Nickel, aluminium expected to trade higher in mid-September – by Anne Lu (International Business Times – September 15, 2015)

http://www.ibtimes.com.au/

Markets research firm Angel Commodities said base metals nickel and aluminium would experience a price hike by the middle of this month due to various positive global cues. Nickel, for instance, would be highly affected by Indonesia’s decision to continue its ban on unprocessed metals.

“ We expect nickel prices to trade higher in September 15 as Indonesia decided to retain its export ban on nickel ore, contrary to media reports suggesting the country may relax curbs to prop up its slowing economy,” a representative from Angel told Commodity Online .

Aluminium, on the other hand, will get a price boost on production upgrade from a giant Russian bauxite producer.

“ We [also] expect aluminium prices to trade higher in September 15 as supply glut concerns will likely get a breather as Russia’s Rusal, the world’s top aluminium producer, is considering capacity cuts of 200,000 tonnes a year this year,” the firm added.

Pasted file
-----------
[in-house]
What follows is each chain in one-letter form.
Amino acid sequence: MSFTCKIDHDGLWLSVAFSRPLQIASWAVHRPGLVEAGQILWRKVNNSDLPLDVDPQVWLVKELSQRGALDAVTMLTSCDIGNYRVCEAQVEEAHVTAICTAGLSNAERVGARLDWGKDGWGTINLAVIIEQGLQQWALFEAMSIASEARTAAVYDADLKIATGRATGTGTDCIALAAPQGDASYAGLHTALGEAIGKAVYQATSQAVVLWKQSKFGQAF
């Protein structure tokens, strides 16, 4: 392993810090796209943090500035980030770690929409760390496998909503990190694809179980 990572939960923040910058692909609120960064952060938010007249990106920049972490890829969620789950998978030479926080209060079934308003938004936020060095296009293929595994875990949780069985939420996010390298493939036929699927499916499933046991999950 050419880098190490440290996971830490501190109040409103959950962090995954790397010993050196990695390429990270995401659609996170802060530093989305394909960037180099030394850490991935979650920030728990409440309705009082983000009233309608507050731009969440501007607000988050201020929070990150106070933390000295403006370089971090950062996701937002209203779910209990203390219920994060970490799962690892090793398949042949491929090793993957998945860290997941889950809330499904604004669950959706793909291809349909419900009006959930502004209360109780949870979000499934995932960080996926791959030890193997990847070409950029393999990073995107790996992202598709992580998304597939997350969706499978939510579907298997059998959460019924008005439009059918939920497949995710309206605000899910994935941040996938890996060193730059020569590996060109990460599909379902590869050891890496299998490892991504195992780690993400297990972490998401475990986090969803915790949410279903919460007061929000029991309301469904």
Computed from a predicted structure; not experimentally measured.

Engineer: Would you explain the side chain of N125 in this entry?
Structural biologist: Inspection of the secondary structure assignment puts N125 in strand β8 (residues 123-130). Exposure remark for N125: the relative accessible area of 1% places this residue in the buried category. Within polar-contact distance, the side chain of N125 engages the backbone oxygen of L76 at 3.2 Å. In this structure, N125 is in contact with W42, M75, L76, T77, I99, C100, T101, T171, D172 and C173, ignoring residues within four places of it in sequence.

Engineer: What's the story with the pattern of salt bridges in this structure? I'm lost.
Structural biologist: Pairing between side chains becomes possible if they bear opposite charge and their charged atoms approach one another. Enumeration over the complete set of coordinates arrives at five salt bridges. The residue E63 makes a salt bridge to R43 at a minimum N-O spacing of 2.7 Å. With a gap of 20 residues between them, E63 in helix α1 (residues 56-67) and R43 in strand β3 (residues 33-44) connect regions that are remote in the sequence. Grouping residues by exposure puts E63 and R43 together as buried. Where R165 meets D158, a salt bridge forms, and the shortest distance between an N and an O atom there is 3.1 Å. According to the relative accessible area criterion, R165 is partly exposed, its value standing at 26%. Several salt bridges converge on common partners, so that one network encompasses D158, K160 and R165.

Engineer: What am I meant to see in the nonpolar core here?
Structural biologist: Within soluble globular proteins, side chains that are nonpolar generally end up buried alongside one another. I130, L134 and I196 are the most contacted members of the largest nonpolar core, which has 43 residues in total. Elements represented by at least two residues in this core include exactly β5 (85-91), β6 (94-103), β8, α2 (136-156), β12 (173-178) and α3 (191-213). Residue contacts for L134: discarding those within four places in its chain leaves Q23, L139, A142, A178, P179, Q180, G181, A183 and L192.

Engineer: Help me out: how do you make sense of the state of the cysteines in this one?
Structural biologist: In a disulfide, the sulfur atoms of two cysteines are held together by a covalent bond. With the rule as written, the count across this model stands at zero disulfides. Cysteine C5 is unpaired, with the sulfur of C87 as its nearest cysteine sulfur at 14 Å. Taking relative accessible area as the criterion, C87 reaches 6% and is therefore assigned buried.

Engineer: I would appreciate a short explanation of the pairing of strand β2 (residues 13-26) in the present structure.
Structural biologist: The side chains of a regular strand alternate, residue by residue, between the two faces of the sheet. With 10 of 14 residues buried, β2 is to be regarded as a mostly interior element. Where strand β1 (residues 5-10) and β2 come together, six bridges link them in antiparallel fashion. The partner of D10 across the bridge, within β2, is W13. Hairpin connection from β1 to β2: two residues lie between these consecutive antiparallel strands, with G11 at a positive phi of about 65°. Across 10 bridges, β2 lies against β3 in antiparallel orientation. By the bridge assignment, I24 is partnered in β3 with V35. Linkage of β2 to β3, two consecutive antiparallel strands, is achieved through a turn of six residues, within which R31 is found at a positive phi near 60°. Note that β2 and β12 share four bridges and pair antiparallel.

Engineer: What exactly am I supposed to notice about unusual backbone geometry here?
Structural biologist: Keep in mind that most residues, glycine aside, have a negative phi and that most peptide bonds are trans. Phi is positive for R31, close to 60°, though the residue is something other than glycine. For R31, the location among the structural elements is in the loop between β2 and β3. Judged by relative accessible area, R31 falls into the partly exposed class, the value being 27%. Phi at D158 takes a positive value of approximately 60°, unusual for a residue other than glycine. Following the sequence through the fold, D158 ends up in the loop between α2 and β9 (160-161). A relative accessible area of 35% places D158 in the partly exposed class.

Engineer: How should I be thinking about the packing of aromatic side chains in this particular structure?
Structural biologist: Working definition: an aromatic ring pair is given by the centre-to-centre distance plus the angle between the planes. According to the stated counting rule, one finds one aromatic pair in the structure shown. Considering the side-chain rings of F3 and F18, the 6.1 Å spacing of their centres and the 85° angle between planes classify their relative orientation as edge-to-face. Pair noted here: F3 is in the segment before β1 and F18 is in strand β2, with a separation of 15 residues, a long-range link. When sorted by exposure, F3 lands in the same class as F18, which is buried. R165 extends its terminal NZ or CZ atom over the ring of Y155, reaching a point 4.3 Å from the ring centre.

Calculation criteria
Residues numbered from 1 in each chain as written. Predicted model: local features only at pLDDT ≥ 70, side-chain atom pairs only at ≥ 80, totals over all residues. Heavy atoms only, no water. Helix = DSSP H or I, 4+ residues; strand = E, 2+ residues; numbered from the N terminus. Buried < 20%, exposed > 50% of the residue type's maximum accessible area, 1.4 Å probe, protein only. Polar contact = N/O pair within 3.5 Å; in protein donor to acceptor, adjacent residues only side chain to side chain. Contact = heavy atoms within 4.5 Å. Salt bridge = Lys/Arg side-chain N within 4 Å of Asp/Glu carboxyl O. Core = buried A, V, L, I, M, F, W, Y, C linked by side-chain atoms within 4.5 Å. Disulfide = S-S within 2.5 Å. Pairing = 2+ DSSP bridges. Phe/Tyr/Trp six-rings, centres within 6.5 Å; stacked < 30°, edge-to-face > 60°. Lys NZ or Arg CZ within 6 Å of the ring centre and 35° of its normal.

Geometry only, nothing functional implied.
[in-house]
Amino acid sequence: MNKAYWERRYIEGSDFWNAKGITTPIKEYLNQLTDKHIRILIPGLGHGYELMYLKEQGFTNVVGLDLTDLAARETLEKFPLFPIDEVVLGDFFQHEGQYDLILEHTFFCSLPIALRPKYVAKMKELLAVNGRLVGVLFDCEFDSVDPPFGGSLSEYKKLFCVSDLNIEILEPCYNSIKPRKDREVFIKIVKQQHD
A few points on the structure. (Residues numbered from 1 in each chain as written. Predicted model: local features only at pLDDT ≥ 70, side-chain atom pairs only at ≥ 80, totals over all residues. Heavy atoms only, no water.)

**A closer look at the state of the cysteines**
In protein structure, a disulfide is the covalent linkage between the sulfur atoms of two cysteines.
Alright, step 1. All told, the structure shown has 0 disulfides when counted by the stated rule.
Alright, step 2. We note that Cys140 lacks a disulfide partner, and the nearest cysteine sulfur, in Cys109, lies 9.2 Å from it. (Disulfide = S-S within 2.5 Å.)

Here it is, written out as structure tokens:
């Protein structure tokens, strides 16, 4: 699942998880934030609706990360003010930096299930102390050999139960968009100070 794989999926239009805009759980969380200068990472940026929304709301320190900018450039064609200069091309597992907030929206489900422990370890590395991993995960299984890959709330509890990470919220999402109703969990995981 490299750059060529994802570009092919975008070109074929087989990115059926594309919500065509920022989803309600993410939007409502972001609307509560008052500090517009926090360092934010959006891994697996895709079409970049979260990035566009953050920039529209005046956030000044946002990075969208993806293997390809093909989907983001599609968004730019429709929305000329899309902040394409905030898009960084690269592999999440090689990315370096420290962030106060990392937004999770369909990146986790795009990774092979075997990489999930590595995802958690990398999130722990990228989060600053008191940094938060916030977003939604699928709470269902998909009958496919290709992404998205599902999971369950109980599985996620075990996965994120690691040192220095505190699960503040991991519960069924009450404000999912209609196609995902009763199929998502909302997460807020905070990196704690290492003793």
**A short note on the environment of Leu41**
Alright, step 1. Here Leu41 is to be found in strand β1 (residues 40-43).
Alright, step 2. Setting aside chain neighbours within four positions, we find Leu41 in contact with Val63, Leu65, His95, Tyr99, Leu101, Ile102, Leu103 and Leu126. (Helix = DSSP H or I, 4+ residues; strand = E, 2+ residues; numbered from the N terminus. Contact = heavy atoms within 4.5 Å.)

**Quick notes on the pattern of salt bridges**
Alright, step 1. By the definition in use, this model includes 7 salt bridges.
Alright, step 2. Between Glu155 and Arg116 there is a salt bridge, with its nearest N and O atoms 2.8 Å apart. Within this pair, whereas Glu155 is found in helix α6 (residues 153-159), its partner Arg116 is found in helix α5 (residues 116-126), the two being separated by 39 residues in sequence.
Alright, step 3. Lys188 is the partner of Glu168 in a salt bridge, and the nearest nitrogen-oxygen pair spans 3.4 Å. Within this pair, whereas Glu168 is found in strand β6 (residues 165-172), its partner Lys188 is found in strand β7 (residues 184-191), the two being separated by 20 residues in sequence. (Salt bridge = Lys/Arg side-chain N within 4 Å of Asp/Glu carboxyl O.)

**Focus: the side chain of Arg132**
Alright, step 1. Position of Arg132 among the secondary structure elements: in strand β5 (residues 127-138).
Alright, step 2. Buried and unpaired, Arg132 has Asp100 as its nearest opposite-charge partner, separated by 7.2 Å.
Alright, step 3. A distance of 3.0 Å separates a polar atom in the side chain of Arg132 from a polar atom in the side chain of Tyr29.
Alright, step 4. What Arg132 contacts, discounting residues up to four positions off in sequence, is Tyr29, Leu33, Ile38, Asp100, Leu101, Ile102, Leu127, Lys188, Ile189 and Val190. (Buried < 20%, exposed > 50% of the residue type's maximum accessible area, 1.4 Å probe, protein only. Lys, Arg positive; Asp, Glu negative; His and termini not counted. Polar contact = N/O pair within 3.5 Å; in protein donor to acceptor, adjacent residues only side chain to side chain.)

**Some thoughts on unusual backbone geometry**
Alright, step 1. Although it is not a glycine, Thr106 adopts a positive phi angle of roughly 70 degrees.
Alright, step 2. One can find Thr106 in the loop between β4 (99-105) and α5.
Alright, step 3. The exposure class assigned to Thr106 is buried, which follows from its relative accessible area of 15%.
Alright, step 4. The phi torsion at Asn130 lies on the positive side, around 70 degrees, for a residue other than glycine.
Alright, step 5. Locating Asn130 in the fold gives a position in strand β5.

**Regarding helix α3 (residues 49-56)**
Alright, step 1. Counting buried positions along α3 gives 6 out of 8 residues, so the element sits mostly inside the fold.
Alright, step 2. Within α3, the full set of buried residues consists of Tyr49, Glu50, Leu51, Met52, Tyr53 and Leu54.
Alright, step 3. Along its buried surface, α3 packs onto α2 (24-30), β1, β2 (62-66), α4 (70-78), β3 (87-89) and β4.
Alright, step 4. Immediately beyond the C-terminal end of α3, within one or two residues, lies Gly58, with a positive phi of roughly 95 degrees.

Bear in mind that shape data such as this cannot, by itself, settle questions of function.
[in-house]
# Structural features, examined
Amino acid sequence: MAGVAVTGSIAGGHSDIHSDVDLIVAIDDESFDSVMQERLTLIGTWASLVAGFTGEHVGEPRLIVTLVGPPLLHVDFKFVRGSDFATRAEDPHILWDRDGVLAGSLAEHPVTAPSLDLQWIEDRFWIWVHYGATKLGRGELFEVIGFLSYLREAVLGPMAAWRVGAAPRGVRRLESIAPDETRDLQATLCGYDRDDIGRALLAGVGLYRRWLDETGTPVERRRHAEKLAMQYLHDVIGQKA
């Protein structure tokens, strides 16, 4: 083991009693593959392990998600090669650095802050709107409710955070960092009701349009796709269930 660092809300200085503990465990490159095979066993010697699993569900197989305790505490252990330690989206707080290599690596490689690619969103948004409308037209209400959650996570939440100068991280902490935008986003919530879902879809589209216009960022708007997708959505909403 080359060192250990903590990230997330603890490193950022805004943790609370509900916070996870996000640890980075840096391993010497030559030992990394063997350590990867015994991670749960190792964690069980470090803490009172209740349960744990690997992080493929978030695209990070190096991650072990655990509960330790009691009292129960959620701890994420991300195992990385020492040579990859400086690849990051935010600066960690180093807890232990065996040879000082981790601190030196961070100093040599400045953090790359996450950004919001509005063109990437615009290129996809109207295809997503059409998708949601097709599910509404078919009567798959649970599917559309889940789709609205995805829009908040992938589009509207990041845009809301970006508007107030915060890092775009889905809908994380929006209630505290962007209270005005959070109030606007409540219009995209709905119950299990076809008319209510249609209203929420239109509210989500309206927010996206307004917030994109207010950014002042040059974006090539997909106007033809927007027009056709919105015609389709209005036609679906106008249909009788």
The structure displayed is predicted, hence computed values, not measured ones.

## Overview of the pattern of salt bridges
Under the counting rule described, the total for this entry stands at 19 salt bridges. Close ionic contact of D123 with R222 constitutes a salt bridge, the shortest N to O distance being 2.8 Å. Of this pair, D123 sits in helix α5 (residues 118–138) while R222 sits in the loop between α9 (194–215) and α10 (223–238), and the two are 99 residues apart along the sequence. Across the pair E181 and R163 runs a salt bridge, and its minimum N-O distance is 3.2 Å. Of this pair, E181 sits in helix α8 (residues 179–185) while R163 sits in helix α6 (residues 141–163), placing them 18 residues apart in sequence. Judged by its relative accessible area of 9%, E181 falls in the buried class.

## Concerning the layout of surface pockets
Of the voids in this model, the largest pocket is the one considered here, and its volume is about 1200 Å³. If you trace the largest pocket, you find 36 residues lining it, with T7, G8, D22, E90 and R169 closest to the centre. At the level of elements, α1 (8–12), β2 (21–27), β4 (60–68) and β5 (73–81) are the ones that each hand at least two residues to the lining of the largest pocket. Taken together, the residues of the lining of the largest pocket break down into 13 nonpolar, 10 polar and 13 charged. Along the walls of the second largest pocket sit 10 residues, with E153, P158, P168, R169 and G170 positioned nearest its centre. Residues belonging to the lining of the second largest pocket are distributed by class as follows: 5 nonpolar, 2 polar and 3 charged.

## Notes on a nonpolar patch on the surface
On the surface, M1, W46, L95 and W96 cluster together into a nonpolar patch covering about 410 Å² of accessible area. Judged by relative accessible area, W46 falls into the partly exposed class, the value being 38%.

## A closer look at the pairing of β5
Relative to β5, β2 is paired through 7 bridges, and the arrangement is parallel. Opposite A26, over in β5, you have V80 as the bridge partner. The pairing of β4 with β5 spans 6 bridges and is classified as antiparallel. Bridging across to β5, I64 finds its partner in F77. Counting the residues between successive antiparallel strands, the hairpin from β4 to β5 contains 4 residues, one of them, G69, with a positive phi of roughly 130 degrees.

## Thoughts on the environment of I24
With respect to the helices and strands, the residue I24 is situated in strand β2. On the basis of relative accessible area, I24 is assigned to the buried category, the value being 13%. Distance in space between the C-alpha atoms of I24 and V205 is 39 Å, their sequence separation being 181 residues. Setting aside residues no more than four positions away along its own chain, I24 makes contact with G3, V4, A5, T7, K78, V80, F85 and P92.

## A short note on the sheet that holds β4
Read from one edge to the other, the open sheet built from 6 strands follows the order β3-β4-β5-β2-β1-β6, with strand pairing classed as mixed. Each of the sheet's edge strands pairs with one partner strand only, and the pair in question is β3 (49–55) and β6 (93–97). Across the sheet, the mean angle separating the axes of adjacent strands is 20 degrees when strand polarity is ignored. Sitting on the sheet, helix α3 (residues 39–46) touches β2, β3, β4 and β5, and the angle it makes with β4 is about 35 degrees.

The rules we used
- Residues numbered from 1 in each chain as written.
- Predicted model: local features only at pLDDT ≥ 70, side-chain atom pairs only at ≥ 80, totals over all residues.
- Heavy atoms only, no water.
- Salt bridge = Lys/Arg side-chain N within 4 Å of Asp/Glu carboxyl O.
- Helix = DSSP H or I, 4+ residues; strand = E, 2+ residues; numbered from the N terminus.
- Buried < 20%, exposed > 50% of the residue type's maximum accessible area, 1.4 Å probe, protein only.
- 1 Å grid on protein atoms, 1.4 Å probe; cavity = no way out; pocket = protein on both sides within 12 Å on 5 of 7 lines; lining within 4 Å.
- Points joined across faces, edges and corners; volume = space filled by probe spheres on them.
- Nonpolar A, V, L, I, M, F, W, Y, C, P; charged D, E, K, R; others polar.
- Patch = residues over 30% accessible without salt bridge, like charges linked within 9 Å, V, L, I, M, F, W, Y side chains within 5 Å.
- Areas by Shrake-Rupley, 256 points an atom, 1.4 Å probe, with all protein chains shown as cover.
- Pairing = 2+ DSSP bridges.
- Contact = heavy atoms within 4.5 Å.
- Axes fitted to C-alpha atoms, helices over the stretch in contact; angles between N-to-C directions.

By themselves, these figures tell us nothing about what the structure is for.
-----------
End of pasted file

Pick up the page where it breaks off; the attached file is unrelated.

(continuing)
Earlier this year, Rusal executive said that bauxite producers across the globe are forced to either cut production or completely shut operations down due to the losses obtained from weak global prices.

“Chinese smelters expected the price to recover but it’s already [been] more than six months. The price is very low and these producers are suffering from losses, so they have to start shutting down,” said Oleg Mukhamedshin, deputy chief executive of United Rusal Co. in a report by Business Spectator Australia.

Copper will also experience some price problems in the same period due to the growing economic sentiments brought by the recent market rout in China. But refined copper from the country is predicted to expand in the remaining months of this year due to the diminished number of ore and scrap supplies.

Nickel producers, however, are experiencing a different dilemma. Many producers are hesitant to put their products on the market not only because of weak prices, but also of the oversupply in the segment.

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